Watching the sun go down in Goa

The legend of Goa is unparalleled in India, the mind conjuring up images of enchantment and revelry at the very mention of the endearing name. That was how it was with me. And yes, it does live up to its name I would say. The breathtaking beaches, beautiful landscapes and distinctive heritage lends Goa a charm that attracts millions of tourists every year from across India and abroad.

Goa is India’s smallest state, a coastal paradise wedge between Maharashtra in the north and Karnataka in the south and east. Strategically located in the Konkan belt along the western sea-coast facing the Arabian sea, its has historically been a major trade port which had come under the rule and control of numerous Indian feudatories and dynasties including the famed Emperor Ashoka of the Mauryan dynasty in the 3rd century BC to the Delhi sultanate in 14th century BC before it passed into the hands of the Portuguese merchants in early 16th century and being ruled as a Portuguese province for over four centuries and half, thus lending Goa a charming blend of Portuguese and Indian lifestyles and cultures. The architecture of its churches and heritage buildings bear the unmistakable Portuguese style giving it a unique charm.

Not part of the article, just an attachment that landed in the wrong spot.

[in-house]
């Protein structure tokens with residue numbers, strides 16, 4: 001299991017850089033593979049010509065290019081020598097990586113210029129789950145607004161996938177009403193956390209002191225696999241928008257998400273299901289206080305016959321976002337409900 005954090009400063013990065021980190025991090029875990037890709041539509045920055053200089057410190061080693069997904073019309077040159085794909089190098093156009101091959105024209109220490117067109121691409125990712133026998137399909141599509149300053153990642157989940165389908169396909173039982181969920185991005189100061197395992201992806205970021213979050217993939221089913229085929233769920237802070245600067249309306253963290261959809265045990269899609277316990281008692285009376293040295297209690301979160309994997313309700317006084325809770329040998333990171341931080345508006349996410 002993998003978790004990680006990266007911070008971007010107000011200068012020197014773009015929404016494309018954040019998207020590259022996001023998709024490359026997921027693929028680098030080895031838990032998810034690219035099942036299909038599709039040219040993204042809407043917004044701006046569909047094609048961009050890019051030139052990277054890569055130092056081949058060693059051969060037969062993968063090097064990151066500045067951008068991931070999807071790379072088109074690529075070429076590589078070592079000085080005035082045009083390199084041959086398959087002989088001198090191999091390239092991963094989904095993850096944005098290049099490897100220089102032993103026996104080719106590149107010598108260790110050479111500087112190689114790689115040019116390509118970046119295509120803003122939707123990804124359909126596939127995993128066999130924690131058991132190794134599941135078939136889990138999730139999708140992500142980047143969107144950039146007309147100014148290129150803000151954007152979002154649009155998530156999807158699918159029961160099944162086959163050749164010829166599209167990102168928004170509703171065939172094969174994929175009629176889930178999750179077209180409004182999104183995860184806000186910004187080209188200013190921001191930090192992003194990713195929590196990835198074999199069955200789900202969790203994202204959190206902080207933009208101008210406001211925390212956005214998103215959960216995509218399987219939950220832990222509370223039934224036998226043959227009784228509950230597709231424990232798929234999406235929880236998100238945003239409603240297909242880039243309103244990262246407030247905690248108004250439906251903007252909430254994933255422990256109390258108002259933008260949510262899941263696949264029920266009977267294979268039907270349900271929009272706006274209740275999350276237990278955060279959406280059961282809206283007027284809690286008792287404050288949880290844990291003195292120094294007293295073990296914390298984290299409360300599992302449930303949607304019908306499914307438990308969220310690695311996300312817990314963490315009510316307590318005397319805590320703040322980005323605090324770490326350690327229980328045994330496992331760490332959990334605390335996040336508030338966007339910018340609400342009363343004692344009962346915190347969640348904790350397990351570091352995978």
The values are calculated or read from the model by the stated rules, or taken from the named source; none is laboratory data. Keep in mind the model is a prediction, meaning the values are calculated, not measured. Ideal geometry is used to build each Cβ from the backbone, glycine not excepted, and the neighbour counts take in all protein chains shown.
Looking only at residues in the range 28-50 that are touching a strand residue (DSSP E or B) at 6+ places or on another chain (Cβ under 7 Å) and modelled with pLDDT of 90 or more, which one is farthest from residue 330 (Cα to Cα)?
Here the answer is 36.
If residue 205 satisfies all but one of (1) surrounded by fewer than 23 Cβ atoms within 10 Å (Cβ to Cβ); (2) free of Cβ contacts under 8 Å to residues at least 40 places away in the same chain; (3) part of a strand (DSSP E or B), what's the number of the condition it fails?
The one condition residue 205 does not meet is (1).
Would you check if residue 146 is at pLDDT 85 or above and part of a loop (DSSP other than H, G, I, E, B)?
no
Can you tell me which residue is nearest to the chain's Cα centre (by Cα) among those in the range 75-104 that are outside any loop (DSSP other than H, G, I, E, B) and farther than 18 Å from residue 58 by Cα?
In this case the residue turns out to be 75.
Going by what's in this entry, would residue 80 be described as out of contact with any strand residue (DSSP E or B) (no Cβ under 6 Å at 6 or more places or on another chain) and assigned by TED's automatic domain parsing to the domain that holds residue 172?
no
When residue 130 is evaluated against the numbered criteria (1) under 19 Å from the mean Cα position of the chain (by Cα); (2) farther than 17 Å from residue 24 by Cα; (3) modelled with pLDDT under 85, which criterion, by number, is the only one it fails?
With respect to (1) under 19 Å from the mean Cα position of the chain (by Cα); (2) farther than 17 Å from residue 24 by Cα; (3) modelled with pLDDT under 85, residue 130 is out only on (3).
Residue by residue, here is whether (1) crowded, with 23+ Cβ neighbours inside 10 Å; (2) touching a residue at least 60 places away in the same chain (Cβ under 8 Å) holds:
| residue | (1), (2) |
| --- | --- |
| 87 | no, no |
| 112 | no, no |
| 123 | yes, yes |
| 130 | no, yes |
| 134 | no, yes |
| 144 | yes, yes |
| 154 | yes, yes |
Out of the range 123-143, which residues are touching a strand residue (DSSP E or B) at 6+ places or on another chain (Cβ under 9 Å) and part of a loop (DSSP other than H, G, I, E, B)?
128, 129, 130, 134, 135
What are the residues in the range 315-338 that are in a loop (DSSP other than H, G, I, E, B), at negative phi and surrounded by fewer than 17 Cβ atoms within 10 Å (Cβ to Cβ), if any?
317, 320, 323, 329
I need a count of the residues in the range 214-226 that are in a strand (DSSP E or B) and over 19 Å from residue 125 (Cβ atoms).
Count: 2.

Goa is a heady mixture of the hill ranges of the fabulous Western Ghats that raises from the coasts, much like an embankment to a water body, and the coastal plains which is interspersed by fabulous beaches at intervals all along the stretch from north to south. Being on the western coast facing the Arabian sea, the beaches of Goa would invariably see the sun rising from the palm topped land ridges that runs along the coast, traversing across the sky in a big loop to finally dip into the sea, casting a beautiful golden hue to the choppy waters and the shore just before it is immersed in the darkness of the night. Here are some visages I managed to capture while watching the sun rise and go down in Goa.

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